Freshman drama “Will Trent” has become one of ABC’s most promising — and top-rated — series thanks to producer and star Ramón Rodríguez. Rodríguez plays the titular role of eccentric special agent Will Trent, adapting the notable literary series to new audiences in his primetime slot.
Based on the best-selling novels by Karin Slaughter, Will Trent comes from the Georgia Bureau of Investigation (GBI) with a unique approach to investigations that has earned him the highest clearance rate of any agent.
Trent wears a three-piece suit, speaks with a Southern accent, and tends to rub people the wrong way to get his cases cleared. Trent is not without his scars, though, and his harrowing experiences in the foster care system ground the character in a way that is rarely seen on network television. So much so that fans and critics are excited about “Will Trent” entering the Emmy race as a Freshman drama.
“He has a flip phone, a handkerchief, and a tape recorder. I think that might be some of his charms alongside his weirdness,” explains Rodríguez. “It’s undeniable that there’s a really big, bleeding empathy and compassion that [Will Trent] has, and it drives him and motivates him at his job.”
The series has struck a chord with audiences thanks to its brilliant casting and engaging character development that immediately individualizes the plights of each character. As production on season one continued filming, the series began to air on ABC and Hulu, allowing the creative team to see audience responses ahead of production.
“We were filming at the same time as the show was airing, so we were seeing what was working and not pretty quickly,” shares Rodríguez. “It’s tough, man. A pilot is difficult to execute because you must lay things out and give enough information to excite people. There were a lot of lessons that we were figuring out, and I think the nice thing, at least for me, is that the show felt like it continued to evolve and deepen and got better throughout the season.”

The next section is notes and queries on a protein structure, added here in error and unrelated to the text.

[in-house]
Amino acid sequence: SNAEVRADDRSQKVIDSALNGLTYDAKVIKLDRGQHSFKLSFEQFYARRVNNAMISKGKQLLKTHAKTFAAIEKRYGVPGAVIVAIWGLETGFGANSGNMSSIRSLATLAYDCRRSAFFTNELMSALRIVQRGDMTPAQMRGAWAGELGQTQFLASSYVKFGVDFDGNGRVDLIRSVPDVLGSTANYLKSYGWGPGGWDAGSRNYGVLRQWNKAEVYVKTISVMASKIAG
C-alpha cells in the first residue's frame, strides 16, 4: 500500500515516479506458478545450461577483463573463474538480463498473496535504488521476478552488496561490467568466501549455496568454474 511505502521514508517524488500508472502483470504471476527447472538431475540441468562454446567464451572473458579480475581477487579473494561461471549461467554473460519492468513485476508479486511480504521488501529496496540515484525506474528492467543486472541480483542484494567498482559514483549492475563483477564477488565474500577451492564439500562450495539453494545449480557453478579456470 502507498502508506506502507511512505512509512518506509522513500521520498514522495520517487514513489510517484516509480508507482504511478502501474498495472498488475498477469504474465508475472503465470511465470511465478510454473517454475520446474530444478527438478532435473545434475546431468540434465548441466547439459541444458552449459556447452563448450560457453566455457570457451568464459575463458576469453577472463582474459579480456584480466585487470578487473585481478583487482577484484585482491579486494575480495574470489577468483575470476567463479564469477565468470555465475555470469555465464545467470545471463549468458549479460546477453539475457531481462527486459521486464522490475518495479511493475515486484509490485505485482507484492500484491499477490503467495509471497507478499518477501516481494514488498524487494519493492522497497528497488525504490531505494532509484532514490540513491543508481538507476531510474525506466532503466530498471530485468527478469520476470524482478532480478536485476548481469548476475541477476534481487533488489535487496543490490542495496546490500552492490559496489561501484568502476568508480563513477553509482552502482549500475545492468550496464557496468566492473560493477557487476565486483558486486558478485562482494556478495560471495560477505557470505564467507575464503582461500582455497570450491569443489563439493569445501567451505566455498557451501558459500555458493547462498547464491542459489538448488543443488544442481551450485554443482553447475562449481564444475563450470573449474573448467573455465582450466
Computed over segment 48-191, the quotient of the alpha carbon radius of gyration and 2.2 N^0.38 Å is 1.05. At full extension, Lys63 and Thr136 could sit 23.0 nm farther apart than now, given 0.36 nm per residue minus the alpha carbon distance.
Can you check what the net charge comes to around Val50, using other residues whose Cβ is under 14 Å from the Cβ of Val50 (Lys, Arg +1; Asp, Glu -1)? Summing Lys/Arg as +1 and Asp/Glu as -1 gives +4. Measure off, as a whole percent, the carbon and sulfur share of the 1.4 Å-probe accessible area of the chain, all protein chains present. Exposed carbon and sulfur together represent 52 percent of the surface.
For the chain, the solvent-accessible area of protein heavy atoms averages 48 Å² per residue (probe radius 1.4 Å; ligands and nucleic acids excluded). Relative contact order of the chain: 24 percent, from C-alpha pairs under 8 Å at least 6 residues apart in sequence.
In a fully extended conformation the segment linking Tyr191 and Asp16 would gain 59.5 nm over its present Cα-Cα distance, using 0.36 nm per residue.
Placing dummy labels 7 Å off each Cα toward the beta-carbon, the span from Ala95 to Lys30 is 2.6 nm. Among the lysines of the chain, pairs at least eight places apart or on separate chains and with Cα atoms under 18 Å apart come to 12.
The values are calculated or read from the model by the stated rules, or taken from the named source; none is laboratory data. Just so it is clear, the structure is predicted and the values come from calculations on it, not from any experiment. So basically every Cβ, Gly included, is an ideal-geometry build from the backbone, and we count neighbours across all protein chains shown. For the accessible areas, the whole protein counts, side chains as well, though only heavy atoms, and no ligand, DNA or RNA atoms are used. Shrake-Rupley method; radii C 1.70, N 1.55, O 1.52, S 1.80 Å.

Rodríguez and his cast recently celebrated a second season renewal ahead of the “Will Trent” two-part season one finale. Rodríguez spoke with Awards Focus about the uniqueness of Will Trent, vibing with co-star Iantha Richardson while listening to Hall & Oates, Will’s complex relationship with Angie (played by Erika Christensen), and what’s ahead for the season one finale.
Awards Focus: Firstly, congratulations on the season two renewal. Where were you when you found out?
Ramón Rodríguez: I’ve been in New York doing press, and I got the news literally right after I did one interview, and it was just awesome.
AF: You look like you’re having a lot of fun on the press tour.
Rodríguez: [Laughs] You know, luckily, they’re all fantastic people, and some of them, like Drew Barrymore, I knew before, so it’s been really fun.
AF: How familiar were you with the novel by Karin Slaughter before you joined the project, and what were your first impressions of Will Trent?
Rodríguez: I actually hadn’t heard of the books before this show. I had done a previous pilot for Hulu that didn’t get picked up, and they sent me this project based on the books by Karin Slaughter. So I started reading them and found this quirky character really interesting. It was different. It’s not your typical crime drama. Instead, you’re following this quirky guy that’s a little weird, off-putting, and a lone wolf, but there’s humor in it.
I thought things about him were also beautiful, like his heart, but he can bury it deep under layers of trauma. But, when I learned more about his backstory and his time in the foster care system, the abuse and not knowing his own identity, and even his dyslexia, despite all of these hurdles, he found a way to navigate and be pretty incredible at his job. He found a way to use these things that could be perceived as flaws and traumatic experiences and instead use them as a perspective that’s very uniquely his.